While the industry is filled with drivers from numerous previous walks of life, some bring something special with them when they jump into the driver’s seat. When Michael Niss decided to walk away from a well-rooted career as a design engineer, engineering supervisor and head of his own firm, he was looking for a new challenge. It began as an over-the-road driver for Roehl Transport, Marshfield, Wis., Soon he became one of Long Haul Trucking’s top grossing company drivers and, a short time later, a Class 8 fuel-saving aficionado.
“With my first truck, a 2013 Peterbilt 386 with a 53-foot Benson trailer, I did a number of things, both off-the-shelf and custom, to try to improve fuel mileage,” says Niss, who is also president of Breaking 11, a project to surpass 11 mpg in his current tractor, a 2015 Kenworth T660 glider with an 86-foot AeroCab Aerodyne Sleeper.
Creating a ‘secret sauce’
When Niss started his first project truck, he looked at what was available to help him lower fuel costs, which were draining $72,000 a year out of his budget.
“That’s just a hard number to get your hands around,” he says.
The 6.1 mpg he was getting equaled roughly $10,000 more in annual fuel expenses and $10,000 less in his back pocket. This sparked Niss’ passion and began his relentless quest toward becoming more fuel efficient.
Over the next two years, using available fuel-saving technologies and experimenting with multiple custom aerodynamic features, Niss was able to improve his fuel economy from 6.1 mpg to 8.4 mpg, an increase of nearly 38%.
He’s doing the same in his newest endeavor and the creation of what Niss calls his “secret sauce.” The recipe started with swapping out his eight brand-new drive tires for Michelin X One Energy tires, giving him an immediate 0.4 to 0.5 mpg improvement. That success inspired him to continue.
“There are some things you could do that are extremely costly, but with my new program, I’m going to get an 18-month return on my investment,” predicts Niss, who has enlisted the help of a team of advisors that have been “extremely helpful” in getting the Breaking 11 project moving forward.
The new project truck will incorporate some 20 different fuel-saving technologies and a handful of custom aerodynamic features, including Eco mudflaps, wheel covers, a roof extension, an airflow deflector, and an air control bumper, and a FASS fuel system — a fuel air separation system that combines a diesel fuel lift pump and a fuel filtration system to improve fuel mileage and engine performance — as well as a pre-emission Detroit Diesel 12.7-liter Series 60 engine powering it.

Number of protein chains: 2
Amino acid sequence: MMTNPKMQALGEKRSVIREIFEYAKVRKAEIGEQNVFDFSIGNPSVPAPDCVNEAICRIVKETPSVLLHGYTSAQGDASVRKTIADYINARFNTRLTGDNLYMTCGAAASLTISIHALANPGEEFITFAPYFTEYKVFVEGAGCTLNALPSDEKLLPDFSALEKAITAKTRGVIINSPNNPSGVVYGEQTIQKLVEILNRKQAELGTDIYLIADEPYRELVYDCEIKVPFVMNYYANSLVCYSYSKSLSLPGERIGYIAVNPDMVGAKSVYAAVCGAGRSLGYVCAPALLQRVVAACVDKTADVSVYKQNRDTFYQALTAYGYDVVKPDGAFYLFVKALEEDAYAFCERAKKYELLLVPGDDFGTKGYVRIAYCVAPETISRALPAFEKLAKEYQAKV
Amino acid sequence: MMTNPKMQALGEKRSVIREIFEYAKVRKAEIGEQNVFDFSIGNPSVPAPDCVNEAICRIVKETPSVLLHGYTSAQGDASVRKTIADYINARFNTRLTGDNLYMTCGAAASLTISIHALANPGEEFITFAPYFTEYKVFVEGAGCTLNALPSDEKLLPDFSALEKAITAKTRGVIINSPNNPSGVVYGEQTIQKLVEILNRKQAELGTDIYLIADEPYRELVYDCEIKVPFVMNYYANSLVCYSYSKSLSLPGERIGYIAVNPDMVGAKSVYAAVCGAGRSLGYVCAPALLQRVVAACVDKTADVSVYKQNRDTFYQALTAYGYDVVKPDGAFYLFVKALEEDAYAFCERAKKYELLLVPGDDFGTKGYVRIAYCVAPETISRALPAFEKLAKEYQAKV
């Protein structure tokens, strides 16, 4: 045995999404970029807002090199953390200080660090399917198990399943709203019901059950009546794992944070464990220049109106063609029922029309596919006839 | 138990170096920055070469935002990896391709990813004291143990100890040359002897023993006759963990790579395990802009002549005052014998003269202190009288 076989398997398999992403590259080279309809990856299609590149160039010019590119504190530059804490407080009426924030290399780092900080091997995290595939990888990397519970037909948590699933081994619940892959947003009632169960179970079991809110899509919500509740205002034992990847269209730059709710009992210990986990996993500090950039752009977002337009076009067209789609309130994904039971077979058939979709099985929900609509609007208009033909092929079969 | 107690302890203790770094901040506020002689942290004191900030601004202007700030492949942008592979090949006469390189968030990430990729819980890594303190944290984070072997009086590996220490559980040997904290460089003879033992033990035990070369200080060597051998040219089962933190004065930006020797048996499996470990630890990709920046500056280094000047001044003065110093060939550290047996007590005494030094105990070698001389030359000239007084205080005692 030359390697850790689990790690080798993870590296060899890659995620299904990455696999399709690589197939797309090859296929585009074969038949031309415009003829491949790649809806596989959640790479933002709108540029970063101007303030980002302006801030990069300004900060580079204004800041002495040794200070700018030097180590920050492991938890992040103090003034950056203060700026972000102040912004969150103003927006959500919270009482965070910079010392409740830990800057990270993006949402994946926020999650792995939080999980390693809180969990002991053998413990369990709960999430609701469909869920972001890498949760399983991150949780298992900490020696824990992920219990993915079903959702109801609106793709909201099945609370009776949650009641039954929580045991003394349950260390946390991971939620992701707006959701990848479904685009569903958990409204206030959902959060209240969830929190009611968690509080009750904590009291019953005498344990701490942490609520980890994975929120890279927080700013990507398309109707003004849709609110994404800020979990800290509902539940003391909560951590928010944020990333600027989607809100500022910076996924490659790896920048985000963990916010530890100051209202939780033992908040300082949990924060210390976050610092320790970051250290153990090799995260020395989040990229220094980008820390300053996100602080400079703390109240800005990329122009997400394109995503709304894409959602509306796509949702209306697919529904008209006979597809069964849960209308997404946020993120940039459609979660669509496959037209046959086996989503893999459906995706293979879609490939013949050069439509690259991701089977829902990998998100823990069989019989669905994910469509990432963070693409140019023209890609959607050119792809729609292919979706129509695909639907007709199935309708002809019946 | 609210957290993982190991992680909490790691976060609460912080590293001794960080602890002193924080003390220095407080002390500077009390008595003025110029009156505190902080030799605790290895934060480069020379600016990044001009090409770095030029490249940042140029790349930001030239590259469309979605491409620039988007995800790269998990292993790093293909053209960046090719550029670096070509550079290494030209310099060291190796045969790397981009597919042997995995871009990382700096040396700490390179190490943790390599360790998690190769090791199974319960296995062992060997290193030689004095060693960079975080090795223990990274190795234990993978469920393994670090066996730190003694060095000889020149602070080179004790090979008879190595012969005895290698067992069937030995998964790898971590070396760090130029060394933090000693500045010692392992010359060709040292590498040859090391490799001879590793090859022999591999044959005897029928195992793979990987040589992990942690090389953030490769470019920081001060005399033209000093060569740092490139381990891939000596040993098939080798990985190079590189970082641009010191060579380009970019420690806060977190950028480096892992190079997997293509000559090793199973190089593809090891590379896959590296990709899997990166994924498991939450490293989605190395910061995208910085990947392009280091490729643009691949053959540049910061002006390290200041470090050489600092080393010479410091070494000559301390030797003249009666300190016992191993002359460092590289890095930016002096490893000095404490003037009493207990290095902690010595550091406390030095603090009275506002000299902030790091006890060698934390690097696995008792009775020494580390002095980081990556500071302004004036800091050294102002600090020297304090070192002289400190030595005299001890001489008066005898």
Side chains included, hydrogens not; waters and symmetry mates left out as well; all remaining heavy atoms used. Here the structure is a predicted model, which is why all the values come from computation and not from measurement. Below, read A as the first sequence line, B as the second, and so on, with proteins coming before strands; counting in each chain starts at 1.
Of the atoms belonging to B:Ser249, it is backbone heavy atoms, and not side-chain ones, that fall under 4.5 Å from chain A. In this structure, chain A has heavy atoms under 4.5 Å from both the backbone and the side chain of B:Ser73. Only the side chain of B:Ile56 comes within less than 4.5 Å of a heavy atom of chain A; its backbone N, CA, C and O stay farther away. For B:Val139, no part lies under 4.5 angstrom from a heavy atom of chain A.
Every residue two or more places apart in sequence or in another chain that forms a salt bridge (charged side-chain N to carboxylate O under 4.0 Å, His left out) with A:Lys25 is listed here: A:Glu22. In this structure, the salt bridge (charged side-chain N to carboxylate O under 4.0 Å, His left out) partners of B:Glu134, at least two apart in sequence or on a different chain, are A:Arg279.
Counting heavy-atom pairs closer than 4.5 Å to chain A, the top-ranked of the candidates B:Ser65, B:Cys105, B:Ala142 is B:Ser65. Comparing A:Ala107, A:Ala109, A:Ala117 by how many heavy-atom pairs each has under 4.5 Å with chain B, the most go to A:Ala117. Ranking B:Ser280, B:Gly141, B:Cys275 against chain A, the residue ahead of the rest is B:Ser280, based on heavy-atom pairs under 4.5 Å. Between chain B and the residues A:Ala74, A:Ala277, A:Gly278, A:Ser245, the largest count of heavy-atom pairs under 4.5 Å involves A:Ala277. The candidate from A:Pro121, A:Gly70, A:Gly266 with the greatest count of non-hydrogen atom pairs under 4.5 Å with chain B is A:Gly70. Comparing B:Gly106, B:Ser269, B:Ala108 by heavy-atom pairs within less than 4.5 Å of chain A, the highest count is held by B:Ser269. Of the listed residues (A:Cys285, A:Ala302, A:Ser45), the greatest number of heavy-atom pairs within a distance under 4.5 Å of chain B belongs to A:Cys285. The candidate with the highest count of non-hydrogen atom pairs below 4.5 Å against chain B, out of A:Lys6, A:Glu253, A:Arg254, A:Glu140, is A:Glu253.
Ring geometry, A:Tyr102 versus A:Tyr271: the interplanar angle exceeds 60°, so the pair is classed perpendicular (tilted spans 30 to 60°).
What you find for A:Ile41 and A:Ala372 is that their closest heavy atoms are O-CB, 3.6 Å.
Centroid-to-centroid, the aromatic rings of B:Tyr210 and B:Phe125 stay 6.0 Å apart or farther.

Downtime and lower maintenance are just as important as the fuel savings and lowering emissions, according to Niss. He is taking a different approach to putting together a tractor-trailer in an age in which the EPA is developing an entirely new level of requirements for exhaust.
“I’m confident that some of the technology that’s available will help me achieve those emission rates that EPA want us to target,” he says.
Moving to the next step
When it comes to footing the bill, everything has come out of Niss’ own pockets, giving him more control on not only spec’ing a truck, which he points out is “spec’ed by a truck driver for truck drivers,” but also hammering down a timeline.
“I’m going to be out and moving freight in this rig. The truck and trailer will be ready to haul freight this August,” Niss says. “It’s going to be very operable, very easy to maintain. You don’t have to remove skirts to get at tires or what have you. It’s just going to be a whole different approach to a concept truck, and on top of that, I’m going to get close to or meet the mileage that these very expensive concept trucks are claiming to give. So it’s going to be interesting.”
After putting the new combo on the road, Niss plans on running monthly dyno tests to gauge the horsepower, as well as measuring monthly fuel results and performing monthly emissions testing.
Once data has been carefully recorded by an unbiased third party, Niss will share the results with the trucking community. He hopes to gain some momentum soon after, and with the right sponsorship, he plans to increase the project to run four trucks — two control and two that are modified — under the same road conditions, at the same speeds, with the same loads, and with the same space between them.
“We’re going to be doing blogging, both video blogs and written blogs, and we’re going to have a Facebook presence. So the end game, initially, is information-share,” explains Niss. “And we’re already looking at what our next truck is going to be and what different elements we might put on that, and maybe we’ll continue to test different products and come up with the best of the best, eventually.”
While the final goals are yet to be proven, Niss is convinced, based on the success he’s had with his first truck, that he can achieve 11 mpg.
“This is for a working truck that will drive 100,000 miles from its inception first thing on a road within the first year of its operation,” says Niss. “We are going to show that if a person puts together a few of these technologies, the fuel results are incredible.”